Unfortunately, only the expensive Daily Edition comes with wireless (Wi-Fi + 3G) connectivity; the other two models have none, and need to use a memory card or be hooked up to a computer with a USB cable to transfer books. One good thing about the Sonys is that you get to choose the size of your screen: you can pick the 5″ screen of the Pocket Edition, which gives you ultra portability and light weight at only 5.64 ounces; you can stick with the “standard” 6″ screen size of the Touch Edition, which is still only 7.93 oz; or you can opt for the nice 7″ screen of the Daily Edition, which is only a tad heavier than the Kindle at 9 ounces. As I said, the downside is price, although Sony just reduced prices and made their lineup much more competitive. For $249, the Daily Edition is $60 more than the K3, which may be worth it for a larger screen. If you like library books and the touchscreen, or want a slightly larger or smaller screen, the Sonys are your best choice.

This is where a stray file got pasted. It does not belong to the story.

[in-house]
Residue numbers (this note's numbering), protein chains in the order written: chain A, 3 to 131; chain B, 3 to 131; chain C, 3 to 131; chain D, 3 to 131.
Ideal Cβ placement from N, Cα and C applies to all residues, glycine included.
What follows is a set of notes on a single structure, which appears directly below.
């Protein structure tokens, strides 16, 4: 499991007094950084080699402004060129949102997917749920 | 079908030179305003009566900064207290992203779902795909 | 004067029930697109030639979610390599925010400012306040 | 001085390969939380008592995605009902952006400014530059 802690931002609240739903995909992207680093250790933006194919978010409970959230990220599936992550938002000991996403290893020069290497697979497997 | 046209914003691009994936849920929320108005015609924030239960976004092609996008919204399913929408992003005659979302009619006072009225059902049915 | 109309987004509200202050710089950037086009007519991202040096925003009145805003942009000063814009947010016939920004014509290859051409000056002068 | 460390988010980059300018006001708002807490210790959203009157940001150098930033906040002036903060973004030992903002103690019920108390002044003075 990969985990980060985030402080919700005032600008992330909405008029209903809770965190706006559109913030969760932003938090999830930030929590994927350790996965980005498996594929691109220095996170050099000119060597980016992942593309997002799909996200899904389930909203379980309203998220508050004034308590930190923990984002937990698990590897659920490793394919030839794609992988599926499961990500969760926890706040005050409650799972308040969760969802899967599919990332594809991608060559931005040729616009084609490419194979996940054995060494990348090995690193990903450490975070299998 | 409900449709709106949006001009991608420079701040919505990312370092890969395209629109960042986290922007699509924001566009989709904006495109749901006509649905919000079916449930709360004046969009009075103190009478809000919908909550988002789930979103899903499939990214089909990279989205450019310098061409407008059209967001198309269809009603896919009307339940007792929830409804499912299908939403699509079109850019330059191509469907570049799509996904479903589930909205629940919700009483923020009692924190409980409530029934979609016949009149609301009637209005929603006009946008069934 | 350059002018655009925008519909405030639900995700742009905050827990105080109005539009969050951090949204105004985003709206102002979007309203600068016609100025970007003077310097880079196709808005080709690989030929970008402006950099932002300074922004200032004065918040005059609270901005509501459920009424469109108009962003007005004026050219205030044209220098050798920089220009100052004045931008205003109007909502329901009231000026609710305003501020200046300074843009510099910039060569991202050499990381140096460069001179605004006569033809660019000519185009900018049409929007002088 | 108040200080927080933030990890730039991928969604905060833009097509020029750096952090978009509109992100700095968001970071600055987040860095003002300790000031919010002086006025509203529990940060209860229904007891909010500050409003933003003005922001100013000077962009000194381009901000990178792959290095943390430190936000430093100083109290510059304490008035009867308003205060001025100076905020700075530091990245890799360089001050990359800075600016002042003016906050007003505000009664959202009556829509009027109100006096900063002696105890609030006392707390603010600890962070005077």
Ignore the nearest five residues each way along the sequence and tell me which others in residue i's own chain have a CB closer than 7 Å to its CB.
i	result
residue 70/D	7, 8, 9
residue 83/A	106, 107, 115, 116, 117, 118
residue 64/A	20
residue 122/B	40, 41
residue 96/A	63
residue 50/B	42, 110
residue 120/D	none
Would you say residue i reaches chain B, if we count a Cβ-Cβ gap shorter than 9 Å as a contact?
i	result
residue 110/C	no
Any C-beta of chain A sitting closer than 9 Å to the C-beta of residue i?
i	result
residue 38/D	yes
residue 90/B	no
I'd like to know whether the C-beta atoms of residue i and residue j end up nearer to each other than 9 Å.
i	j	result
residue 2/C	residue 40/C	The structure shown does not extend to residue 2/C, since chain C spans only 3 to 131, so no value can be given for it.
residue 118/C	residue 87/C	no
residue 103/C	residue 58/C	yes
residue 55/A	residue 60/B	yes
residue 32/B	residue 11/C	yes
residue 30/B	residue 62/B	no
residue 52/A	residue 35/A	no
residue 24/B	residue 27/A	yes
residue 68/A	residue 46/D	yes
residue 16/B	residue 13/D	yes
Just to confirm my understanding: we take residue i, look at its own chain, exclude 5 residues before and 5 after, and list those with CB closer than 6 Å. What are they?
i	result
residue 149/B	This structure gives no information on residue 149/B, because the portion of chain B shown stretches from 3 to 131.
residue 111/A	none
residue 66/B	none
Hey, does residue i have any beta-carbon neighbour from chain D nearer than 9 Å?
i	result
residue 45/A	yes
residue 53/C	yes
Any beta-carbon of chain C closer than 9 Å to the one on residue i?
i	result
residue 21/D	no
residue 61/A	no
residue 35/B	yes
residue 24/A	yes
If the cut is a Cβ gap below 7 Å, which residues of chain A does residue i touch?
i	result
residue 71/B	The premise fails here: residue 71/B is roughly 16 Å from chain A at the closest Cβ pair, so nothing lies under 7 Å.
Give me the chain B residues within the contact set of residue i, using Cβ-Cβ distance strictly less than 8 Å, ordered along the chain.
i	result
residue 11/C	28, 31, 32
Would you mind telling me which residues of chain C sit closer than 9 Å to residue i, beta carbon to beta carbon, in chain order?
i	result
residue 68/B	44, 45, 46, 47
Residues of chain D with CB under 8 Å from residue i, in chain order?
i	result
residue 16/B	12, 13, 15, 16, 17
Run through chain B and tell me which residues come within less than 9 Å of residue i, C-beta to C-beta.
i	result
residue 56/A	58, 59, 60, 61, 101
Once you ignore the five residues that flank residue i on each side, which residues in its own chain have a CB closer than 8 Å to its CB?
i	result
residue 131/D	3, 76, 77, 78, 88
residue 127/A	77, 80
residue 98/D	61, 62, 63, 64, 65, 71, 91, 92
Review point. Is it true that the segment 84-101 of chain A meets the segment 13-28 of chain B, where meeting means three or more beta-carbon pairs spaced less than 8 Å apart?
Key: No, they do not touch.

Black Friday Special: Dell offers the 5″ PRS-350 for $119, or if you’re OK with last year’s model, the 5″ PRS-300 Pocket Edition (no touchscreen) will be on sale for $99 at Wal-Mart on Black Friday.
|The Kobo Wireless E-Reader is a simple, no-frills e-reader that lacks some of the extra features of the Kindle (no keyboard, Internet access, notes, text-to-speech, etc.) or Nook (no LCD touchscreen or e-book lending feature). While the $139 Kobo Wireless (their second-generation e-reader) added Wi-Fi connectivity and a built-in dictionary to match the Kindle and Nook, and does read library e-books, it still falls short in the feature department, considering that it is roughly the same price.|